This place was always recommended to people visiting from our U.S. Offices. I was curious why everyone speaks so highly of this busy bistro so it was on our list to visit.
From the outside, Le Select Bistro advertises itself with a hard-to-miss patio tucked away in the shade, surrounded by greens and flowers - it speaks of serenity on Wellington. Their signage is simple, clean and conservative, yet the kerned out serif font has a sense of class.
We didn't spend long in their interior but from what we gleaned, it was definitely a worthwhile atmosphere with plenty of rooms. As I made my exploration trip to their facilities, I got a full show of their elaborate cellar downstairs. Fortunately I got lost on the way there and discovered their solarium - in the back of the restaurant - an ideal place to get a feel of the outside without over-doing it.
Our waitress was in no mood for a chat, nor introduction when we inquired more about the place and their famous dishes. It was definitely quite bistro-like in the rushness of service but looking at their prices, I we expected a bit more.
Either way, during our quick Google search, we found out that La Select has been around for almost thirty years (since 1977) previously located at Queen St West and only recently made it to this Wellington location.
As we settled in, we got a closer look at their well-illustrated menu, which had an aged feel to it. The Brunch menu is what we had available at this time of the day. Seeing their large downstairs cellar, we were surprised and disappointed to notice that their menu had a "Champagne" section which included Cava and Cremant. If you are looking to work on your French dish pronunciation, Le Select is definitely the place to visit for your practice. Our waitress didn't leave a dish we pronounced un-corrected. We assumed she was French.
We asked her to recommend a couple of glasses of wine to go with our dishes which were their Confit de Canard and Braised Brisket Brioche Sandwich. The recommended wines, based on our preference of white or red, were a Rhone Blend Boger Sabon '13 and a Chablis Domain Laroche '13. We also asked for a side of their croissant to try.
As we waited, we noticed the almost solid shade on the patio - the large stripped awning and square umbrellas tightly fit together only letting through a few slits of sunlight. We sat on wooven chairs with metal tables, which didn't feel cheap but instead fit well this bistro feel. Our attention was stolen by their dark wooden service station cupboard outside, under the glass periphery of the building. It had so much charm to it, felt like an object from Beauty and the Beast.
We sipped on our glasses of wine. The Rhone wine was strong and plain, which Cheri mentioned might be covering up for something. The Chablis, however, had a mineral nose, and a pleasant aftertaste. It was also light on the palate.
A waiter came around with a basket of breads and took out two small buns for us using his thongs. They had the bread quality of a fresh baguette, not warm or crusty but soft and thick in texture. A side of butter followed. Local sparrows were definitely aware of the bread quality here - a swarm of these folks were always around to pick up the crumbs from the floor...or from your plate if you happen to leave your chair for a minute.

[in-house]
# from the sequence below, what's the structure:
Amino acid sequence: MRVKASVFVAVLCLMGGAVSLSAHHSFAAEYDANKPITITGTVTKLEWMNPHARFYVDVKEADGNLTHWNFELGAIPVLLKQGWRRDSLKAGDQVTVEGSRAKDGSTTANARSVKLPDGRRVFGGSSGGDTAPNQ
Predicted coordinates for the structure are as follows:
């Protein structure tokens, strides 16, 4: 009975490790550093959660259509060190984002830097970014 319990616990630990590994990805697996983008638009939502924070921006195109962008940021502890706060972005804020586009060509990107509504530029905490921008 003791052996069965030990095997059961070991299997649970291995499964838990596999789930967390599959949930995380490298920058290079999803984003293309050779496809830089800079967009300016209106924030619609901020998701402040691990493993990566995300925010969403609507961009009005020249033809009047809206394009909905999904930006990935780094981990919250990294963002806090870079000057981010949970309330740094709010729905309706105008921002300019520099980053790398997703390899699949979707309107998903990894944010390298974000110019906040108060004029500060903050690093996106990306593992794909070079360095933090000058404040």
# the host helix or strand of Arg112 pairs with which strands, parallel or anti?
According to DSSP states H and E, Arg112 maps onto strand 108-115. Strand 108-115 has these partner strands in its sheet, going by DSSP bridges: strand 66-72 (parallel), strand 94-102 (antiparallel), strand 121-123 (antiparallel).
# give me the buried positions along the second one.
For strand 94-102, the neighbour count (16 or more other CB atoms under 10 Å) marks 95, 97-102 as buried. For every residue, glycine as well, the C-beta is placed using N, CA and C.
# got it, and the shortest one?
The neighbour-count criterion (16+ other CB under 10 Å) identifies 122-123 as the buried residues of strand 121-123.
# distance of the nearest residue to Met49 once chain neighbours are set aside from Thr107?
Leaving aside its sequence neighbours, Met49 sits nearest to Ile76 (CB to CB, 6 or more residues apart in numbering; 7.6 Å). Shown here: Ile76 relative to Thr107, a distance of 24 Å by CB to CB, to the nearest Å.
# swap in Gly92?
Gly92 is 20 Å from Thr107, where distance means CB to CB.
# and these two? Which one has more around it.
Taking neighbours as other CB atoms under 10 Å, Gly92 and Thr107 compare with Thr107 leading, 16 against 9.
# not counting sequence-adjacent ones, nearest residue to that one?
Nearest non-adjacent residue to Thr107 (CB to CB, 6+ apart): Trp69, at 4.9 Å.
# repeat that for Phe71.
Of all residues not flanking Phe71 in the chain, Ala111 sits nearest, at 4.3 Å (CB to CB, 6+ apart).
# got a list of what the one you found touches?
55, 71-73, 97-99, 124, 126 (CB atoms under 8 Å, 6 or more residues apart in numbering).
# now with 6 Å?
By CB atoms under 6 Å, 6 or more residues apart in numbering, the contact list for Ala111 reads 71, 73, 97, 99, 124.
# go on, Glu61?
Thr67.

Not long after, our dishes made their way. The Confit de Canard was served in a deeper round plate, it consisted of a crispy duck leg with a side of green veggies under which was a lovely swirl of thick, dark brine. In the middle was a small square of potato gratin.
As we dug in, we were surprised to find out that the duck meat did not fall off the bone as we imagined and craved. As a matter of fact, the meat was a bit on the dry side. The crispy skin made up for this short-coming. Also, we thought we picked up on a unique sweet hint of thyme. The side of steamed veggies was a great addition - some bok choy, peas and radish. The potato gratin was a small, but flavorful part of the dish which added the bready thickness and slight cheese to make this dish a true masterpiece. Chablis was indeed a good match to balance out this heavier dish, loaded with flavor.
The Braised Brisket Brioche was served on a rectangular flat plate, consisted of a sandwich on one side and plenty of house-made, colourful vegetable crisps on the other as well as a small side of red kimchi. The presentation was right on for this gourmet dish with a sense of everyday. The brioche had the texture of a tea-biscuit, it felt quite buttery. The fatty brisket meat was very tender. It came with some sweet-spicy BBQ sauce a few thin slices of a Granny Smith apple, adding a subtle citrus kick to this dish. The small side of spicy kimchi, delivered a slight sour intrigue to our palates - balancing out the heavy meat. Lastly, the scattered chips of roots were fun to nibble on. The fried crisps were warm, salty and a bit oily. Unfortunately we did not feel that the glass of Rhone added to the dish. It was in search of something with a backbone. Sauternes could be an interesting choice here or maybe a fat, red Italian.
Lastly, the side croissant dish - we were expecting more from the croissant - we didn't think it was freshly baked that day, perhaps not even made at Le Select. It was lacking tradition and enthusiasm.
This lovely French spot is an ideal place for exploring adventures via your palate. The options are innovative and flavorful, the wine list is long and the ambiance is quite right. We would love to come back in a crisp fall day, soak up the sun and enjoy the colors in their solarium room.